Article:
The accident was barely worth talking about.
I’d taken the trash out one night, early in the summer. I was 12. I hummed and bounced the bag against my knee. When I came back into the house, my mother gasped in horror. I looked down and saw my leg soaked in blood. A broken glass in the bag had acted like a knife, stabbing me deeply each time I bounced the bag. I never felt it because the first cut damaged a nerve.
The aftermath of that night was far more painful.
I had a large, angry red scar that the soaring temperatures made nearly impossible to hide. The scar criss-crossed my left knee – six separate scars actually – working together to form a garish butterfly.
In my black-and-white 12-year-old mind, my leg was ruined. Up until then, I hadn’t had plans to be a swimsuit model or star athlete, but my options were now severely limited. I was broken.
I confessed this to my grandfather one evening, sitting in the now-vintage rockers on his back porch, safe in the dimming of the day.
“I can’t dance anymore,” I said.
“But you’re so good at it! Why not?” he asked, curious. He was wildly enthusiastic about any grandchild hobby, quickly assessing our abilities as, in his expert opinion, far superior to those of the average population.
“People will see my leg,” I replied.
“They’ll see them both,” he agreed.
I huffed. Clearly he didn’t understand.
“They’ll see my scar, Grampa. The tights don’t hide it. I can’t dance because everyone will be looking at my leg. It’s awful.”
He smiled in the face of my earnest pre-teen angst.
“It’s unique,” he said. “If you’re ever lost and frozen on a mountain with your double, your scar will identify your body.”
I’ll pause and confirm: yes, he really said this. He was a colorful man and a terrific storyteller.
“Everyone starts out exactly the same way. We are born perfect and boring. Then life starts, and we get stories and scars and begin to forge our own path. Your scar is beautiful. It is yours alone.”
I just looked at him.
I’d like to say that I understood, but I’d be lying. I was 12 and he was hopelessly old. What did he know about scars and brokenness and mourning a once-perfect leg?
I understand now.
We are all a little bit broken
My friend’s daughter, a cancer survivor, panics at the sight of a needle. A relic of her years of chemotherapy, she hyperventilates and nearly passes out while waiting for her flu shot. My sister, like me, spent years in Spanish-speaking countries. Too nervous and shy to answer the phone or venture out alone, she never learned the language.
My children carry the scars of our divorce. Like my the marks on my leg, they have faded to silver now, but they still exist. Caden fixates on our schedule, carefully checking to make sure the days are indeed even. Simon started to have friends over again in high school – for years our family was “too confusing to explain.” Transition days are still bumpy for Lottie.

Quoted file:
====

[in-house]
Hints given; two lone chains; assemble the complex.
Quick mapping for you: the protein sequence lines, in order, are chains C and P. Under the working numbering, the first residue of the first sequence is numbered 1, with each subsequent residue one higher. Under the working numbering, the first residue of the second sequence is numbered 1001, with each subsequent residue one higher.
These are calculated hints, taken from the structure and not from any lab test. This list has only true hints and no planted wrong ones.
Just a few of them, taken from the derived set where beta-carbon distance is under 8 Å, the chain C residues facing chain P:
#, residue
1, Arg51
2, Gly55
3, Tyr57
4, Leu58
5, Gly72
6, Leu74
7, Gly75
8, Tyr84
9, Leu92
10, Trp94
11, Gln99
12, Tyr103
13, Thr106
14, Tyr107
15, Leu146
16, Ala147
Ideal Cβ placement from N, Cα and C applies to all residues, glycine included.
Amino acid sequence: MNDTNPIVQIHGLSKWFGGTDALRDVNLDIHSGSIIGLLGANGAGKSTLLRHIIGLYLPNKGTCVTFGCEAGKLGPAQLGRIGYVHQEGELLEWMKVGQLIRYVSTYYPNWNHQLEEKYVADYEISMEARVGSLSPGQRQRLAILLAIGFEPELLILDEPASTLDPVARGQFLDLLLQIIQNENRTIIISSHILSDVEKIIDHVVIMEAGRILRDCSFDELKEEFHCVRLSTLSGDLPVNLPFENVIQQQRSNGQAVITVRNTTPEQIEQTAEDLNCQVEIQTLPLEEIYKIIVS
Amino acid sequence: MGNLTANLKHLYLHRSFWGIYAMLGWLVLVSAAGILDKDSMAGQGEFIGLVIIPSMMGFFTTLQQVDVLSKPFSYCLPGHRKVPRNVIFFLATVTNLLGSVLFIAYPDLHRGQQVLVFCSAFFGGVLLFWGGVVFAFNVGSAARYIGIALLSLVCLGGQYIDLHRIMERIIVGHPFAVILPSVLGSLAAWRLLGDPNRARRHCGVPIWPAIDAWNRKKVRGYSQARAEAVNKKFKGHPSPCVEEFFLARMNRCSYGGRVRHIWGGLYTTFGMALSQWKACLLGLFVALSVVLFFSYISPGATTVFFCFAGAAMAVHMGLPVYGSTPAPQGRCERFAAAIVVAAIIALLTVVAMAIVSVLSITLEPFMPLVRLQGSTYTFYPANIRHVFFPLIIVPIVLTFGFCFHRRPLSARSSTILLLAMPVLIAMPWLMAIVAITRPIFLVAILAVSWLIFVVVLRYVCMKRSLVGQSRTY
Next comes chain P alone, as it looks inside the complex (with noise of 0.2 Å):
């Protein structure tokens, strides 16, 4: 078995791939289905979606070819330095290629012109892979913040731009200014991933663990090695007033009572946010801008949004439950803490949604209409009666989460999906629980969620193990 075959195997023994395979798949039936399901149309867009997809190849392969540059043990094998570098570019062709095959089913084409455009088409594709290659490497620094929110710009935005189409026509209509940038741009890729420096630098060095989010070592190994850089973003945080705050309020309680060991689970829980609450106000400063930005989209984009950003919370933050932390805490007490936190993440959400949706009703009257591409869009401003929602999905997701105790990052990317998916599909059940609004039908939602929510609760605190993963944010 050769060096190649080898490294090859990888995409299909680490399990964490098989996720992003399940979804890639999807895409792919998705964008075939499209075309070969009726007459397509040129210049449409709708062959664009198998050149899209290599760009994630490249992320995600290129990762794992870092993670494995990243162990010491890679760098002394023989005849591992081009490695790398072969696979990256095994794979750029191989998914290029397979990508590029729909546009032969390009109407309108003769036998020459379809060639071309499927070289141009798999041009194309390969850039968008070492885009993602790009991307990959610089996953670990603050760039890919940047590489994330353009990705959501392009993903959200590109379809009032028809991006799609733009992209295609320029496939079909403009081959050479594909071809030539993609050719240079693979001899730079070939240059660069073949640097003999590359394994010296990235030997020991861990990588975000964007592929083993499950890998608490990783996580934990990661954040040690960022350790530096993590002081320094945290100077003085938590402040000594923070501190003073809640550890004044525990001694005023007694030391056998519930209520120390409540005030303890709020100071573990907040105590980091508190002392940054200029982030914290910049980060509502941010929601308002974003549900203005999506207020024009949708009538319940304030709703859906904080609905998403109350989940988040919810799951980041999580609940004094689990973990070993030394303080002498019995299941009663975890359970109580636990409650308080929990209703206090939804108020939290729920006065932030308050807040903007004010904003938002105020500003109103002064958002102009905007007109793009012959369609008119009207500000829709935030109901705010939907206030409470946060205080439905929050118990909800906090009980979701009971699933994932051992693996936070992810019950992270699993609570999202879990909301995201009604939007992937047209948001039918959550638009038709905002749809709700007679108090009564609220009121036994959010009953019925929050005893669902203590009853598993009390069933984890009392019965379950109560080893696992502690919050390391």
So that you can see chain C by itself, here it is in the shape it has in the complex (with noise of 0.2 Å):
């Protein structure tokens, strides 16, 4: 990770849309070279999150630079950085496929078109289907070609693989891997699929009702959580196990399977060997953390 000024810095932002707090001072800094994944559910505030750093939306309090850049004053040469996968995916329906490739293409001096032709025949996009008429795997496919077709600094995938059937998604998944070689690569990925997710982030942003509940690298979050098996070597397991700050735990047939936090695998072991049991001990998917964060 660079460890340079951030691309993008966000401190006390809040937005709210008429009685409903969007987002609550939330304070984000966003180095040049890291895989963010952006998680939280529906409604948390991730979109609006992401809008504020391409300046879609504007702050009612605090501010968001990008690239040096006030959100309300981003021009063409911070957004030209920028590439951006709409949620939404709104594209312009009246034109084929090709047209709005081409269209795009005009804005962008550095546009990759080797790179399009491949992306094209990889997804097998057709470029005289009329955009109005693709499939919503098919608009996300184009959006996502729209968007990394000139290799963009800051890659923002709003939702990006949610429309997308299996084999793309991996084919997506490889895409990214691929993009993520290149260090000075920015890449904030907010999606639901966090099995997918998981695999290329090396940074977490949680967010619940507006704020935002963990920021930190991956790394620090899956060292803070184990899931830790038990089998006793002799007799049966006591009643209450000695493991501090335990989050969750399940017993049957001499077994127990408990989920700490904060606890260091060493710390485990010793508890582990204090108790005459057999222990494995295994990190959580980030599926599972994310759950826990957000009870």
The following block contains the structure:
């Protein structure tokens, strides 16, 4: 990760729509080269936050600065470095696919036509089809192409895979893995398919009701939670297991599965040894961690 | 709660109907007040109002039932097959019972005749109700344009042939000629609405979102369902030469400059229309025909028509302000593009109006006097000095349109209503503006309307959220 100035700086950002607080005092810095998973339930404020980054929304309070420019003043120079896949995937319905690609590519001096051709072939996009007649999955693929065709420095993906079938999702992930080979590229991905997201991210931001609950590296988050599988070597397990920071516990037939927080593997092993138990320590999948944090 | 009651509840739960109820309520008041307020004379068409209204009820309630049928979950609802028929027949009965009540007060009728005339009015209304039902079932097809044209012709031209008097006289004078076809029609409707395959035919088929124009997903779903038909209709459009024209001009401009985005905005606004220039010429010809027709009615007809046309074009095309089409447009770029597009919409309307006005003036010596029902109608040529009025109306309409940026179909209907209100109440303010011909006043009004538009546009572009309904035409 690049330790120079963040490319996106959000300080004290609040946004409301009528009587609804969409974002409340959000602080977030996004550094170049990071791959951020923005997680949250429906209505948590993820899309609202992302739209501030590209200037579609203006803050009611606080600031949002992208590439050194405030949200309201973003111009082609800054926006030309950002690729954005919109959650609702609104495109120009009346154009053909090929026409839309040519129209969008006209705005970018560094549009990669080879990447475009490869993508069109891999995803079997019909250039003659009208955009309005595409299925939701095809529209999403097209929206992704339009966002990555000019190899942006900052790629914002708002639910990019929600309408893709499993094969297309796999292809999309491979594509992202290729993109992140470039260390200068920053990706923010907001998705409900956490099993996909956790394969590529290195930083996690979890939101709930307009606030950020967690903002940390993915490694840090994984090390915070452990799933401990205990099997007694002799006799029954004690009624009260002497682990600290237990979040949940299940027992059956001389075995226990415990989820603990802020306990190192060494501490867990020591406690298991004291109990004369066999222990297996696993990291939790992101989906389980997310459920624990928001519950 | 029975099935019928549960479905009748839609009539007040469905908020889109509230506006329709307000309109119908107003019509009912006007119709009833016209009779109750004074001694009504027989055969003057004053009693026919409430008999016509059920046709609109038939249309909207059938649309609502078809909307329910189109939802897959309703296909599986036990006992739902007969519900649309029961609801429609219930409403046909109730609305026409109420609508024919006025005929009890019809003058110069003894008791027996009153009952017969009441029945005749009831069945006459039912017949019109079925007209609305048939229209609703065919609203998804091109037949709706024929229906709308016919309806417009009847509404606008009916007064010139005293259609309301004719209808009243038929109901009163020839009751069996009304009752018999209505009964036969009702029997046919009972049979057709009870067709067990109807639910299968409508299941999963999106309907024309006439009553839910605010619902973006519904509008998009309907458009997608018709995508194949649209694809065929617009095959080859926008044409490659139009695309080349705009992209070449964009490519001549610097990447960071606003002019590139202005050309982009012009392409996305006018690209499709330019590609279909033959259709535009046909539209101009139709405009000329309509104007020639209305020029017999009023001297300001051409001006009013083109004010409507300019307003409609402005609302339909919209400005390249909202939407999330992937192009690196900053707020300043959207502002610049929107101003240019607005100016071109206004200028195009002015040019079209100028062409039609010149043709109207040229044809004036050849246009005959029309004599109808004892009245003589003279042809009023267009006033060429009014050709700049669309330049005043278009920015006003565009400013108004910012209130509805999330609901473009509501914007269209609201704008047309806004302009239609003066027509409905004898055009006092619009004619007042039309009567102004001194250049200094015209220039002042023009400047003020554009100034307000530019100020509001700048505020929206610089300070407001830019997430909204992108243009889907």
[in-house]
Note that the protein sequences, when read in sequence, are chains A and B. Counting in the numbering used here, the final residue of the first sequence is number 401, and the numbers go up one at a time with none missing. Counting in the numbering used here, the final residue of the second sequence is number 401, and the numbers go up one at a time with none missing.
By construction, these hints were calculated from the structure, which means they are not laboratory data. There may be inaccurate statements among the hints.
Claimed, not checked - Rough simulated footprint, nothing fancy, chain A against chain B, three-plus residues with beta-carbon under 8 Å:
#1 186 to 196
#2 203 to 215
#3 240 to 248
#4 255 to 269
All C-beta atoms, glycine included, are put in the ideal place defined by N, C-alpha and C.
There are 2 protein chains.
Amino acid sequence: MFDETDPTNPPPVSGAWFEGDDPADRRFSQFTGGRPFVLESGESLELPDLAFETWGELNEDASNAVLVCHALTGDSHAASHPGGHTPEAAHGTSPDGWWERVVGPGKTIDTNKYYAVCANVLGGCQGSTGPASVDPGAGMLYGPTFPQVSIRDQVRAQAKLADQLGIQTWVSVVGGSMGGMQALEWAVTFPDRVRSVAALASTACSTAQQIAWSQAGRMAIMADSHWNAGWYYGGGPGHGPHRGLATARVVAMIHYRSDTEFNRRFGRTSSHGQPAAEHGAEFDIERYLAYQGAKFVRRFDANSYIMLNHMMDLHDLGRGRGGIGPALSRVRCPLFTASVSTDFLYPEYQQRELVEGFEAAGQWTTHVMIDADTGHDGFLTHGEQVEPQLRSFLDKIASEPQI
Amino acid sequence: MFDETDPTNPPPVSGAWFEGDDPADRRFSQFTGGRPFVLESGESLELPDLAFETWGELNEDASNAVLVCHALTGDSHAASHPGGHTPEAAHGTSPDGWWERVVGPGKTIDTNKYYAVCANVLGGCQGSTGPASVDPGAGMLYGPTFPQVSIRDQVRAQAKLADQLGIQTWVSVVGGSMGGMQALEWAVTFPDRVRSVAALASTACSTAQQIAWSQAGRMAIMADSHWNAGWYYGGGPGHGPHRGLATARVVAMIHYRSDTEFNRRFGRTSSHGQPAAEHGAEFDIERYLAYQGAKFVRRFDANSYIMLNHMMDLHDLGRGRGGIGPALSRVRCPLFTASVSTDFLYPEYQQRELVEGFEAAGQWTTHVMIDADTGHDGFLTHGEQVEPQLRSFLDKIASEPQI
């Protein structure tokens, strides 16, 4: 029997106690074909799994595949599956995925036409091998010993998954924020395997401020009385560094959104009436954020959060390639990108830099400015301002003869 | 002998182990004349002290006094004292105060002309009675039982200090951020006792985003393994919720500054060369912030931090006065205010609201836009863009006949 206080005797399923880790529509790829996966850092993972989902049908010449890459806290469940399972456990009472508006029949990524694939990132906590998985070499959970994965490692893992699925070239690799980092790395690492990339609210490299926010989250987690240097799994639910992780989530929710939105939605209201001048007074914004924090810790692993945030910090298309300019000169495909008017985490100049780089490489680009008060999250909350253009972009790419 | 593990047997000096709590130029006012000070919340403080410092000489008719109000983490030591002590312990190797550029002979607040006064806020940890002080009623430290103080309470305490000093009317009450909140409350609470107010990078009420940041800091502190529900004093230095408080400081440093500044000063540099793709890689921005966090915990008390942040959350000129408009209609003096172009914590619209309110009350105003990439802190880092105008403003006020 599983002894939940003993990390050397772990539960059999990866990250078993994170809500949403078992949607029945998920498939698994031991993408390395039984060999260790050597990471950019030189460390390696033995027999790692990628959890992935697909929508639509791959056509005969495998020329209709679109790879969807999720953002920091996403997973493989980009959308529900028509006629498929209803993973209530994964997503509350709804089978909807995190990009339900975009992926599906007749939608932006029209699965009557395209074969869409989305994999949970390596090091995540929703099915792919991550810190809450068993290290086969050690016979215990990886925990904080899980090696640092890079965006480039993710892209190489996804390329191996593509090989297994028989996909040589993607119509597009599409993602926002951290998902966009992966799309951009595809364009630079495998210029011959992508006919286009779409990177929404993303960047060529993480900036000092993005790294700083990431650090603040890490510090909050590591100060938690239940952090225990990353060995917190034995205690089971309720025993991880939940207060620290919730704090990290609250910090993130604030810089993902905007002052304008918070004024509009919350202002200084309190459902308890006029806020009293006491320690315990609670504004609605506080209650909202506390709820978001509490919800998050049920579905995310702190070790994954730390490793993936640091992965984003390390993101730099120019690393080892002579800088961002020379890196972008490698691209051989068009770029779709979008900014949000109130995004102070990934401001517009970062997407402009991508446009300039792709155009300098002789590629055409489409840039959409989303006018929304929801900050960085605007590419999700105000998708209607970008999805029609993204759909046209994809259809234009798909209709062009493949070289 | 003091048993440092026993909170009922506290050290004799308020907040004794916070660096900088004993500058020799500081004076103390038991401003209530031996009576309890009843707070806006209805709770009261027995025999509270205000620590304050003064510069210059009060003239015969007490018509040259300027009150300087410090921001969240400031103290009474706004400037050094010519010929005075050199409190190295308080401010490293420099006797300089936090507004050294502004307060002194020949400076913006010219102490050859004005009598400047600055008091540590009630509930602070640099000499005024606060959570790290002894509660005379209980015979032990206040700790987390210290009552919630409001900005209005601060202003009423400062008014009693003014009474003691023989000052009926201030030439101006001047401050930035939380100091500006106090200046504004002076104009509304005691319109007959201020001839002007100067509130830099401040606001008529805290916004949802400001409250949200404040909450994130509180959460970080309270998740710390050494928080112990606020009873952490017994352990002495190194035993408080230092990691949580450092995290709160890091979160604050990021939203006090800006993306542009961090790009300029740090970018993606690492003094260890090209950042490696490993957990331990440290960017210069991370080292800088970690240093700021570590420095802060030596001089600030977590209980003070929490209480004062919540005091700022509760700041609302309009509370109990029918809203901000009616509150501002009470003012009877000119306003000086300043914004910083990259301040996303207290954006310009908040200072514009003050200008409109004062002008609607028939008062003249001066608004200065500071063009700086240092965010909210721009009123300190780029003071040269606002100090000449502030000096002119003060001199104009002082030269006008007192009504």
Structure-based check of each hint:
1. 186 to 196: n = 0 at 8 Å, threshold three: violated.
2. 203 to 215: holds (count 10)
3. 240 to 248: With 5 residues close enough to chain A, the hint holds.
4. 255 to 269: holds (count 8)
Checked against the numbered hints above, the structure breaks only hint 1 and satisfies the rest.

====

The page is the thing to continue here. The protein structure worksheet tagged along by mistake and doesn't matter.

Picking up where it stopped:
This brokenness, these outward signs of our experience so far, doesn’t make us less than others with different worries or heartbreak.
This brokenness tells our story
In his masterpiece “Anthem,” the songwriter Leonard Cohen urges us to forget our “perfect offering. There’s a crack in everything, that’s how the light gets in.” I played that song over and over and over again in the darkest days of our divorce and separation. That image is powerful. It became a kind of mantra, and created an idea I carry close to this day.
I think of the scars we carry, visible and invisible, as cracks in the glass of a window. Light shines through the glass, shifted and altered by the cracks. The light casts patterns on the wall, shaped by the cracks but not dimmed. Light through a perfect window? No pattern, no story.
I know this analogy isn’t perfect.
I know sometimes things are so broken no light gets in at all. I know that sometimes people carry scars and stories so heavy they can’t bear the weight of them. I know that some people escape life unscathed, and their light shines brightly unaltered on the floor.
I sometimes wish we didn’t carry these scars. I still sometimes consider the possibility of a perfect left leg. I sometimes sit with what if’s and if only’s.
But I have a choice.
This is our story. This is one of the ways our window cracked. And I can choose to stare up at the window or down at my leg and wish the cracks away, or I can look at what happened next. I can see Simon’s adaptability and watch Caden sharpen his wit, coping with humor. I can be grateful for the lesson my children learn as they watch their parents move forward after everything fell apart. I can appreciate the path our lives have taken and admire the pattern the light casts on the wall.
I choose to find the beauty in our brokenness.
This article was originally published on This Life in Progress.